Alice Watson, head of marketing for insurance at Canada Life, said: “The figures from UK Finance show older homeowners have become increasingly comfortable drawing on property wealth – from their own home or their Buy to Let portfolio – to help support their lifestyles.

“The rise in buy-to-let remortgages also suggests landlords are keen to unlock the value in their portfolios. There are Buy to Let mortgage products available to over-55s which allow them to release cash tax-free, while leaving their portfolio intact and allowing them to continue to draw on its rental income.”

The trend has been mirrored in the equity release sector in recent years. Data from the Equity Release Council has revealed that older homeowners released about £15 million from their properties each working day in 2019.

This added up to a massive £3.92 billion over the year, a 170% rise when compared to the £1.45 billion released from property in 2015.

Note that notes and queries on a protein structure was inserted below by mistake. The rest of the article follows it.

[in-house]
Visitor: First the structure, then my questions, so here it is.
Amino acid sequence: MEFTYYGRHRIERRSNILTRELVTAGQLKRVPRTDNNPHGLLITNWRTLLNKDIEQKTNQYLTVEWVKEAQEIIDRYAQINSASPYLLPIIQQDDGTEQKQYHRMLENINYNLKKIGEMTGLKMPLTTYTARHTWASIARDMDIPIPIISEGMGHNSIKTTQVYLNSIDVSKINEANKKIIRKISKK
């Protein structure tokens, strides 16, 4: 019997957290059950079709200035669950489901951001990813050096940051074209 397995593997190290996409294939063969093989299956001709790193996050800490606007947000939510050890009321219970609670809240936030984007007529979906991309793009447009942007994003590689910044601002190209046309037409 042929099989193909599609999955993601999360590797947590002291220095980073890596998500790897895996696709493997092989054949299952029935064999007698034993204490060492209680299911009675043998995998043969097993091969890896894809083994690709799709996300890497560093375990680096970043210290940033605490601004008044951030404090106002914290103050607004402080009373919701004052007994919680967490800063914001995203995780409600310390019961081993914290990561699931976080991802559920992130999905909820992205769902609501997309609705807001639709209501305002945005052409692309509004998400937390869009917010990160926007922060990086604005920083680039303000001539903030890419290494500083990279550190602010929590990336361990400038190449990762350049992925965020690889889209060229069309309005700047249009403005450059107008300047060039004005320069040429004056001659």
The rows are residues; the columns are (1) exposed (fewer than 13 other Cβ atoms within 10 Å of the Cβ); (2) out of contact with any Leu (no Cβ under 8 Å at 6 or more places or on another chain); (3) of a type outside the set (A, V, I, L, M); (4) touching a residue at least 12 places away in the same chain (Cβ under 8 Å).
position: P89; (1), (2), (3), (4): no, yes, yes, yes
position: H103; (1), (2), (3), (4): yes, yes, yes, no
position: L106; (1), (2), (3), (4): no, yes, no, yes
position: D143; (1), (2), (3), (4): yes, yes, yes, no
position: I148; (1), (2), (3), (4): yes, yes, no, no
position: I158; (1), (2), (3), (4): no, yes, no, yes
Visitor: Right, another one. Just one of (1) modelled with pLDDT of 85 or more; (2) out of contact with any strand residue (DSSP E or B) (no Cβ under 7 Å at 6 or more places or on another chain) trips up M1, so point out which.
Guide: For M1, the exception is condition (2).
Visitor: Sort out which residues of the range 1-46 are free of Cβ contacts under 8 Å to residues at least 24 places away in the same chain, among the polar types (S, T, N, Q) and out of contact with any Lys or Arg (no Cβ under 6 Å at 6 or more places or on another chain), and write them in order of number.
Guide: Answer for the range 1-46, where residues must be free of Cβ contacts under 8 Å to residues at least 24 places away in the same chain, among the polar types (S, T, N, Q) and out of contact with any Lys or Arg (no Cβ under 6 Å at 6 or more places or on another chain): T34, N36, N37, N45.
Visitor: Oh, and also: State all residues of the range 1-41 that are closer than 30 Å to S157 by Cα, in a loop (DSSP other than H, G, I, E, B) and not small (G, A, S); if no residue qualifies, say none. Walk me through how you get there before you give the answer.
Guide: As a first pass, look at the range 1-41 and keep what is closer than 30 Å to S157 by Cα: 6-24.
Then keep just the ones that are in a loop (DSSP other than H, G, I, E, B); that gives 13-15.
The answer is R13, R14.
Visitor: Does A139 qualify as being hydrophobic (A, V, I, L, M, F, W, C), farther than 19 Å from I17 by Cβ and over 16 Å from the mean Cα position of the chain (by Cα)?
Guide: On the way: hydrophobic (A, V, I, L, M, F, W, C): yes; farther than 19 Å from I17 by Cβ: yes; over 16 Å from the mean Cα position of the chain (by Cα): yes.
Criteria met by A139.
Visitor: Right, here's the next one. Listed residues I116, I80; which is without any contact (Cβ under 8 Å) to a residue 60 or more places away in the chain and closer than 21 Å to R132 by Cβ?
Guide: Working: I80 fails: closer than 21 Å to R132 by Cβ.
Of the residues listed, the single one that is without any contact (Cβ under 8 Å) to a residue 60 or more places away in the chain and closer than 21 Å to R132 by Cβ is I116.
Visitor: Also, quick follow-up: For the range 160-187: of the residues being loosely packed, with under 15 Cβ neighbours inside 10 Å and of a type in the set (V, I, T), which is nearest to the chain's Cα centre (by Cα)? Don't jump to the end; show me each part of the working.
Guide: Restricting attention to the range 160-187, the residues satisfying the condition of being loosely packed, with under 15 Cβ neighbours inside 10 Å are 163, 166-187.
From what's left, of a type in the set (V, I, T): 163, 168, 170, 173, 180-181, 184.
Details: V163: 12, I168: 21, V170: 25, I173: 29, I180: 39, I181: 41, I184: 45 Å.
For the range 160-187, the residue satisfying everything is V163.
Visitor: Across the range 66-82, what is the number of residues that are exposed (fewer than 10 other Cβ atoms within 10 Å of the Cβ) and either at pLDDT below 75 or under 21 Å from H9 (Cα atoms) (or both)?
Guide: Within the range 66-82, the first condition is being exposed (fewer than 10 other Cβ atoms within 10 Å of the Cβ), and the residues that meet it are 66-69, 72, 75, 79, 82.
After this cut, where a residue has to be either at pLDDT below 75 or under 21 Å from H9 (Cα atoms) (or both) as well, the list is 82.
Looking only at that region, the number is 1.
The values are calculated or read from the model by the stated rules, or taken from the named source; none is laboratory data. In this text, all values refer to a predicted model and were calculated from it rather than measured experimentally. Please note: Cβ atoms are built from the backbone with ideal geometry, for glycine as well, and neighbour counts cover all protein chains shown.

How to access the wealth in your property to supplement your pension income


Many people expect to generate a lump sum in their retirement by selling their home and moving into a cheaper property. However, depending on where you live and the costs of buying and selling, this might not be straightforward.

Steve Webb, director of policy at insurer Royal London, says. “While people often think downsizing is the answer, after they’ve done lots of work on their home why would they want to move now that they have the time to spend in it?”